To summarise; MCAS will trim the Stabilizer down for 10 seconds (2.5 deg nose down) and pause for 5 seconds and repeat if the conditions (high angle of attack, flaps up and autopilot disengaged) continue to be met. Using electric pitch trim will only pause MCAS for 5s; to deactivate it you need to switch off the STAB TRIM SUTOUT switches.

The MAX probes on the LHS. The AoA vane is the bottom of the three probes.


The AoA source

I had assumed that the AoA source for MCAS was always the Captains AoA probe but the following explanation from an engineer suggests that it alternates between AoA probes each flight:

MCAS is implemented within the two Flight Control Computers (FCCs). The Left FCC uses the Left AOA sensor for MCAS and the Right FCC uses the Right AOA sensor for MCAS. Only one FCC operates at a time to provide MCAS commands. With electrical power to the FCCs maintained, the unit that provides MCAS changes between flights. In this manner, the AOA sensor that is used for MCAS changes with each flight.

There is an airline option to have AoA data displayed on the PFDs, as far as I know this option has only been taken by Southwest and American Airlines. Crucially, there is an AoA Disagree Alert which displays the word "AOA DISAGREE" in amber at the bottom left of the PFD if the AoA vanes disagree by more than 10 degrees for more than 10 continuous seconds.


MAX Runaway Stabilizer procedure

Following the Lion Air accident, on 7 Nov 2018 the FAA issue an Emergency AD (2018-23-51) and Boeing issue an Ops Manual Bulletin (TBC-19) for MAX Runaway Stabilizer procedure directing operators to “existing flight crew procedures" to address circumstances involving erroneous angle-of-attack sensor information.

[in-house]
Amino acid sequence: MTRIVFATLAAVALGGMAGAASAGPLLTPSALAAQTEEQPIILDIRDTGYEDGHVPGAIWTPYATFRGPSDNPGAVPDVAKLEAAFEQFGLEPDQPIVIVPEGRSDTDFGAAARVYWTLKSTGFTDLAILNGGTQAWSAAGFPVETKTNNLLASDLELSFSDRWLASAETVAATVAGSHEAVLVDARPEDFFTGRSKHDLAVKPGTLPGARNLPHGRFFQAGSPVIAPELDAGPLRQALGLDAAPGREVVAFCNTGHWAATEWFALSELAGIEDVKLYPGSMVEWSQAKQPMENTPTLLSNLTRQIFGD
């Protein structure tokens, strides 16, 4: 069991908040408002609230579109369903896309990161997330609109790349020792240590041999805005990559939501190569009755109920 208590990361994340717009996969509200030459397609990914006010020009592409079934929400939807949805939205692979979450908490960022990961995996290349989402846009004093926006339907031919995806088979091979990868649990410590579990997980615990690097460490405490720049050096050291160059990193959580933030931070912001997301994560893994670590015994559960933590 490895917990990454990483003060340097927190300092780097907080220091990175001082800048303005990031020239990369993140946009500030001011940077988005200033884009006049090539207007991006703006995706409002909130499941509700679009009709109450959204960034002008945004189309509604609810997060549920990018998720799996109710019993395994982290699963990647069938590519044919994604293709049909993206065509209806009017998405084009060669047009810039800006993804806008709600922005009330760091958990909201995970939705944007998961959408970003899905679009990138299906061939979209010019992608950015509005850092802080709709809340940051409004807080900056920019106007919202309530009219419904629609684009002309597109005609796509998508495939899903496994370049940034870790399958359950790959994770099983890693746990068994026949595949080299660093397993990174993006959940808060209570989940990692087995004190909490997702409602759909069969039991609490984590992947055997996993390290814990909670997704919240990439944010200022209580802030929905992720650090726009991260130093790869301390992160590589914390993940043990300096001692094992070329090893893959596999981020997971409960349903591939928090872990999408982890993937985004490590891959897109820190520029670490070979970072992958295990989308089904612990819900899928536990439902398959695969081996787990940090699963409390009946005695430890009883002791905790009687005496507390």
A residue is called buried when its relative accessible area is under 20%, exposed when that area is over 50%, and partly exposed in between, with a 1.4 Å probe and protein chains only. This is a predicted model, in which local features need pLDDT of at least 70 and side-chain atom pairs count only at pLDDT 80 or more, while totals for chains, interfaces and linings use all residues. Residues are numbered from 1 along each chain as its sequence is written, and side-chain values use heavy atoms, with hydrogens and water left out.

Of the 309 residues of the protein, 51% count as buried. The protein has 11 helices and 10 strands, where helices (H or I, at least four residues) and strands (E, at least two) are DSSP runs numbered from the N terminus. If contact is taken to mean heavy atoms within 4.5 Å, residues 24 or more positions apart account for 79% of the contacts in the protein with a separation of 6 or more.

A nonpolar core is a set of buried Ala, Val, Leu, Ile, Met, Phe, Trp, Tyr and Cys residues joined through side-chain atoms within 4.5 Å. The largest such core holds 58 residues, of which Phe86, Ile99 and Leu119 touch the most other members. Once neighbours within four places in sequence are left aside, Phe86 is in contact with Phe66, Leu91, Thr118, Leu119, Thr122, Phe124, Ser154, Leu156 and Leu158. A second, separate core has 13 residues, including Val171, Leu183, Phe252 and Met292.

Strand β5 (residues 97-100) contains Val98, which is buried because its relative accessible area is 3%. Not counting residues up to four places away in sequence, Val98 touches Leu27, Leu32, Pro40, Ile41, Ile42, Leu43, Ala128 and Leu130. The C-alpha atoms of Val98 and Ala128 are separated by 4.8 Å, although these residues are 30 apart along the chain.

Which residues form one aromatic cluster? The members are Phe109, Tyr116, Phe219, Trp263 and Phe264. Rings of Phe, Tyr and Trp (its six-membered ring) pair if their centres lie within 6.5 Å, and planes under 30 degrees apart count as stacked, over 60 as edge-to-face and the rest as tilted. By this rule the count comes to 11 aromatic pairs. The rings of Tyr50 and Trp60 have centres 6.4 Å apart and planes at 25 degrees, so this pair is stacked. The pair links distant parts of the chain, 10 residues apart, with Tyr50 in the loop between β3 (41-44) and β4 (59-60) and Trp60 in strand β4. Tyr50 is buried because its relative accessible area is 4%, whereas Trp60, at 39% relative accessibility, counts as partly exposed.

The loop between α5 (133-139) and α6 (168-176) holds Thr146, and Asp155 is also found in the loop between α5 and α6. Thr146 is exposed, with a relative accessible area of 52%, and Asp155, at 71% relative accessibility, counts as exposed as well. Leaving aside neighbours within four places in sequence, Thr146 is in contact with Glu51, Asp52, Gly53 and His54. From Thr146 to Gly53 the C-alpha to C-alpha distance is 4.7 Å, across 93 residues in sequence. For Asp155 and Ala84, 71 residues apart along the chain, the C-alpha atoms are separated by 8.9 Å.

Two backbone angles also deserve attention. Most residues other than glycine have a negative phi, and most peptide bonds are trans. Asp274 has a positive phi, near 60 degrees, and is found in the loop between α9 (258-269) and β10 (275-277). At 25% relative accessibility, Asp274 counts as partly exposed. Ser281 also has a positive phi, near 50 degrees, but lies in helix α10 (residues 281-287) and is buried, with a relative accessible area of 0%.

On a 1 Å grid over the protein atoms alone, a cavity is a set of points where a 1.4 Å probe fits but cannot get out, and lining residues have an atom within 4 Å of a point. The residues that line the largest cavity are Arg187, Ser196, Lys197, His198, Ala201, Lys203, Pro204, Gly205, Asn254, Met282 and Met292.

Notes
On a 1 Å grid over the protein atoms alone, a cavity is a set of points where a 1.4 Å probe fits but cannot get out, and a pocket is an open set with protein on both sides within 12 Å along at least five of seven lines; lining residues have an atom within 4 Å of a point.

FAA Emergency AD 2018-23-51 - SUMMARY: We are adopting a new airworthiness directive (AD) for all The Boeing Company Model 737-8 and -9 airplanes. This emergency AD was sent previously to all known U.S. owners and operators of these airplanes. This AD requires revising certificate limitations and operating procedures of the airplane flight manual (AFM) to provide the flight crew with runaway horizontal stabilizer trim procedures to follow under certain conditions. This AD was prompted by analysis performed by the manufacturer showing that if an erroneously high single angle of attack (AOA) sensor input is received by the flight control system, there is a potential for repeated nose-down trim commands of the horizontal stabilizer. We are issuing this AD to address the unsafe condition on these products..

This AD requires revising certificate limitations and operating procedures of the airplane flight manual (AFM) to provide the flight crew with runaway horizontal stabilizer trim procedures to follow under certain conditions.

Ops Manual Bulletin TBC-19

This is a copy of the bulletin, it has a different reference (MLI-15) because it is with a different airline; TBC = The Boeing Company


Stab Trim Cut-Out Switches

The MAIN ELEC and AUTO PILOT stab trim cutout switches are now named PRI and B/U on the MAX. The switches are guarded in the NORMAL position (switch up) and CUTOFF is switch down.